An event is any noteworthy
state, as determined by a system engineer or designer or developer. For
example, a bus voltage below 22 volts or a memory pool over 98% full might
be considered noteworthy states. An event is said to have occurred
(in a software sense) when it is detected in a conditional statement and
can therefore be acted upon. An event occurrence is said to have been
when an Elf signaling mechanism has been called. A signaled event is said
to have been
logged if an event record is created, submitted to
Data Management, and accepted, subject to an "entry policy". A data
product is a transportable object that can be stored by Data Management
and downlinked by Data Transport. An event object is a data product
containing information describing the occurrence of a particular event.
An event type or event class is a data type that specifies
the kinds of data that describe an event occurrence. An event identifier
is a label for a kind of event. (An event identifier is useful in distinguishing
among different kinds of events that use the same event type.) An event
severity is a measure of the level of importance of an event occurrence.
An entry policy controls what signaled events are logged. As an
example, a policy may control entry based on event type, event severity,
event identifier, frequency of event occurrences, and equality to the previous
event of this type. A retention policy controls how long a logged
event is retained. As an example, a policy might depend on factors such
as age and number of currently retained events.
objects must contain a time stamp, event identifier, and event severity.
identifier must be encoded as a number, not a string, because strings consume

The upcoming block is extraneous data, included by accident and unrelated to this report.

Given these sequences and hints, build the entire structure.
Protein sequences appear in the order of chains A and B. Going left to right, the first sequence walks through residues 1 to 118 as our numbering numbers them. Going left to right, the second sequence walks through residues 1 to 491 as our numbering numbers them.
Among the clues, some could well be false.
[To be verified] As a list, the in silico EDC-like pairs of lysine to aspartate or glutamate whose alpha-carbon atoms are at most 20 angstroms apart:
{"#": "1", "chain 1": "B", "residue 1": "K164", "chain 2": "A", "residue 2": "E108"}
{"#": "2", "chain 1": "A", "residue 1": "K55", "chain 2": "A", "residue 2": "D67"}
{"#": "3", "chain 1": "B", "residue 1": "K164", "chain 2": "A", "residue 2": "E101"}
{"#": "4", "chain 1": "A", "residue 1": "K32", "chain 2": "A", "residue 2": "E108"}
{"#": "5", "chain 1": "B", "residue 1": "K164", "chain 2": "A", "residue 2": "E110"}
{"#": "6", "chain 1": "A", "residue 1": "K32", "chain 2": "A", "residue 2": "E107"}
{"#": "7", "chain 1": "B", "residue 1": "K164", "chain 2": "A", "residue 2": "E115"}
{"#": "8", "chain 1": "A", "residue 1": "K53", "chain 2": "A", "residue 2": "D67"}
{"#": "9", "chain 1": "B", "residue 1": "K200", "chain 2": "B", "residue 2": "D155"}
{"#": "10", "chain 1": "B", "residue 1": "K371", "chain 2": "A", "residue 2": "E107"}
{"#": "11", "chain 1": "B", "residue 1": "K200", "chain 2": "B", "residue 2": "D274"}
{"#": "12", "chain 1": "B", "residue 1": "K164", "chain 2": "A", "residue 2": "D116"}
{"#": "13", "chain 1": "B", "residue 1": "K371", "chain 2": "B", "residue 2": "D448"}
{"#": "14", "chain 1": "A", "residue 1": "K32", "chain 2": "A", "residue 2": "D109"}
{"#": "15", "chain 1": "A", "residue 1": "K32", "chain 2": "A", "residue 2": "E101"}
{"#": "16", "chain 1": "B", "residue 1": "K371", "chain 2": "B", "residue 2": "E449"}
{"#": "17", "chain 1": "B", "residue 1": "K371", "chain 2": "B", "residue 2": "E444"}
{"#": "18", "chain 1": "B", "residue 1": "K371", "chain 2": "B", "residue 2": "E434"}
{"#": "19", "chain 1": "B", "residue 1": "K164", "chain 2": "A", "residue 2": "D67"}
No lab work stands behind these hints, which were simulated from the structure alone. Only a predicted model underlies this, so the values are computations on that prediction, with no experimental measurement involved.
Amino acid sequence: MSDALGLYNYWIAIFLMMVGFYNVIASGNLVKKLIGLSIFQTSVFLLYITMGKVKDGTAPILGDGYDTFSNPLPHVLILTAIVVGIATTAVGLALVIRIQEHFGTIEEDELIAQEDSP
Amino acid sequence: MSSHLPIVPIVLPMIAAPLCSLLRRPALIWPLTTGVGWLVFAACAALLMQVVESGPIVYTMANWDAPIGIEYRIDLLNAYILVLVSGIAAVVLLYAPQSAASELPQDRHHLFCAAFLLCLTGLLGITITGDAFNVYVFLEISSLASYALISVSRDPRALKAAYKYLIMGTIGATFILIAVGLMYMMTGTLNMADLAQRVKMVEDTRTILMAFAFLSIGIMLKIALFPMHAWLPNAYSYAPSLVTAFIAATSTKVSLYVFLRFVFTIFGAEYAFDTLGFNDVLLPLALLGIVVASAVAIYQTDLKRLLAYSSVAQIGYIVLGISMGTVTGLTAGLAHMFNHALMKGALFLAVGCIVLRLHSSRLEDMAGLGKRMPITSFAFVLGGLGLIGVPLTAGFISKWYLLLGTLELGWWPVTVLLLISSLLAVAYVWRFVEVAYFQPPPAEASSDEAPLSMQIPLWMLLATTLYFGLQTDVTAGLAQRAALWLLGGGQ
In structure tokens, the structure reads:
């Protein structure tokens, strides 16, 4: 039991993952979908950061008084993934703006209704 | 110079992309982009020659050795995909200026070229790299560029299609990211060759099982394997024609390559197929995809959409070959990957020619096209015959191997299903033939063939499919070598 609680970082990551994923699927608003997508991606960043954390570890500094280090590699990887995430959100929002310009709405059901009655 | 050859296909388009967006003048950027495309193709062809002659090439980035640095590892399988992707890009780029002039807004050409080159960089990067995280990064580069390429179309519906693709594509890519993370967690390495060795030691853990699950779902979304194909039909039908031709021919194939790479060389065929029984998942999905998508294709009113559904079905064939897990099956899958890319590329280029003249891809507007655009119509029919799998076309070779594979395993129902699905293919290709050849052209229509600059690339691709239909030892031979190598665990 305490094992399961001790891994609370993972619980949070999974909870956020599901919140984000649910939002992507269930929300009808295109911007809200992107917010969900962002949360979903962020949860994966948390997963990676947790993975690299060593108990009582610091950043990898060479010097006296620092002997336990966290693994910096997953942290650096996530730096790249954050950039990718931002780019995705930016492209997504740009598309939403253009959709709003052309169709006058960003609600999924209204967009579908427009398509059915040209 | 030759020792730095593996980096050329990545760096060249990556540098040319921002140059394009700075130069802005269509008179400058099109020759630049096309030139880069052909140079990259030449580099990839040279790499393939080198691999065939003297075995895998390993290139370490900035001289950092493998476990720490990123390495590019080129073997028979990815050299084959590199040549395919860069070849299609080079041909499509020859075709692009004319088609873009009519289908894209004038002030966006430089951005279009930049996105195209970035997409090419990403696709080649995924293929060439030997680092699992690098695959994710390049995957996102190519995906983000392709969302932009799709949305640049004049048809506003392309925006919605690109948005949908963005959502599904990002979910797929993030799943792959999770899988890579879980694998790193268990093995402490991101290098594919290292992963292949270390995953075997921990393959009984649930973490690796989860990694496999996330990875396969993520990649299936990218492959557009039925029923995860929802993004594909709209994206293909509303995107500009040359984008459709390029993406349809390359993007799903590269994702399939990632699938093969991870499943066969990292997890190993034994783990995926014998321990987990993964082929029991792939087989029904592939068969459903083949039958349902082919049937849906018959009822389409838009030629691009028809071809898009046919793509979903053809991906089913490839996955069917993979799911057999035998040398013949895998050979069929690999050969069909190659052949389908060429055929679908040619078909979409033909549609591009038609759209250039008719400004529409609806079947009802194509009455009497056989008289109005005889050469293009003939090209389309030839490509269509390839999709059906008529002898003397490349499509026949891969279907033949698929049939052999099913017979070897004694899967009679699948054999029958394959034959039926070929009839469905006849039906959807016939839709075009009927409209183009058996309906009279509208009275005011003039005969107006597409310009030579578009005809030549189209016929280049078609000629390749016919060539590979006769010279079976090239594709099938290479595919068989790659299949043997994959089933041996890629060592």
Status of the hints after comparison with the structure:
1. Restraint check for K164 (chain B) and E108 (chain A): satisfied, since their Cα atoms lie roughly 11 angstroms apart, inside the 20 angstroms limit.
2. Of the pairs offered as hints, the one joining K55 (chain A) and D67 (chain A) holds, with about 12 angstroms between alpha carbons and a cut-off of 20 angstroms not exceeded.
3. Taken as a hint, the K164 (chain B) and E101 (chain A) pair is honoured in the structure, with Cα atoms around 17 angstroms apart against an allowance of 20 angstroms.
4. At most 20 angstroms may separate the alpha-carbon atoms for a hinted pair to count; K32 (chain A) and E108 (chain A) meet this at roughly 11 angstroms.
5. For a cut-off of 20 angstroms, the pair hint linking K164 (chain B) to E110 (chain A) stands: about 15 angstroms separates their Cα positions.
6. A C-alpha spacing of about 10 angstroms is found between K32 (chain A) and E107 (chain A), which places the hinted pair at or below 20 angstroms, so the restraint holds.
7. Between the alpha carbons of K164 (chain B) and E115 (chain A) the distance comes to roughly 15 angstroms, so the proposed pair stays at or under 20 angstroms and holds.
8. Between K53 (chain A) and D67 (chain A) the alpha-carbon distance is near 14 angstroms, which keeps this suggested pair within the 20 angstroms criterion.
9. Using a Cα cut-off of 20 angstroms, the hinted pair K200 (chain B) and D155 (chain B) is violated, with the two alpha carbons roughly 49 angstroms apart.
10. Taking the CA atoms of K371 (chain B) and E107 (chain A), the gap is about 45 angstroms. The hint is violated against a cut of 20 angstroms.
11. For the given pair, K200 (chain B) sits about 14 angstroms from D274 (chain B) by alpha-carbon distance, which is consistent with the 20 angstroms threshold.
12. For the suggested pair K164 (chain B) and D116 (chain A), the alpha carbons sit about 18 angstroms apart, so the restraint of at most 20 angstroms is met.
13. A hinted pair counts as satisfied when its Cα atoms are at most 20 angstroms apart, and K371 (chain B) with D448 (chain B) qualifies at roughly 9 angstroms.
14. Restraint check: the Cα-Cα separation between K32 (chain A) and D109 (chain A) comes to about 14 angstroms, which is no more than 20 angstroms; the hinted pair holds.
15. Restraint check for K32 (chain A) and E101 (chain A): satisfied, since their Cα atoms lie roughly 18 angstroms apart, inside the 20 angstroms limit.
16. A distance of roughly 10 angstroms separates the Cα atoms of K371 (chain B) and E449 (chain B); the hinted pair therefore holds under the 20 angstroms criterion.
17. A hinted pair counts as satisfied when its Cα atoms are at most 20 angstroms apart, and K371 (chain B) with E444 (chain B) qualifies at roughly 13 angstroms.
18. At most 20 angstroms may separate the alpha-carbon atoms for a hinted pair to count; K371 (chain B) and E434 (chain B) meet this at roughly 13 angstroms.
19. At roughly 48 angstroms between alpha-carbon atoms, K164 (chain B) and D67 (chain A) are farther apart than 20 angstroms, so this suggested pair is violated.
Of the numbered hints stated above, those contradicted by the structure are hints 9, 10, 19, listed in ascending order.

too much of the limited downlink capacity.
support three levels of event severity: a "green" level for purely informational
events, a "yellow" level for warnings, and a "red" level for errors.
programmers must be able to define new event types that contain application-specific
of an event object must be strongly typed so that downstream processing
can access the contents in a type safe manner.
define a signaling interface whereby an event occurrence is signaled with
all the information needed to construct an event object.
of runtime efficiency in high-performance applications, at least one of
the signaling interfaces (if more than one) must be designed for speed
in ignoring events for which logging is currently disabled.
define interfaces for controlling entry policy and retention policy.
be possible to change the tunable parameters of a policy at run-time, i.e.,
no source code changes and no recompilations.
It is desirable
to include with a logged event the source location where it was signaled.
This helps distinguish between events that otherwise have the same signature.
is a virtue to most programmers, Elf should provide at least one signaling
interface for basic events that can be written in a compact form. The intent
is to make it easy to instrument an application's source code, particularly
during early design and debugging.
is no limit on the number of event types that may be defined.
is no requirement for a signaling interface that can be conditionally compiled
down to zero run-time overhead, i.e., compiled out of existence.
preceding requirements deliberately do not prescribe or constrain how exceptions
might be used to signal errors. The use of exceptions for error handling
is considered an orthogonal issue.
is no requirement for Elf to maintain statistics such as the number of
times that an event condition has been checked.
There is no requirement for Elf to provide a way to force the occurrence
of an event, such as for testing purposes.
A programmer defines an application-specific
A programmer instruments source
code to signal an event if it occurs.
A running application program
signals occurrence of an event.
An Elf signaling mechanism checks
the entry policy.
Data management accepts an event
object for logging.
A ground program tabulates events
as they arrive, sorting them by severity.
A ground operator adjusts the
tunable parameters of a specific policy.
Last updated by Torsten Layda,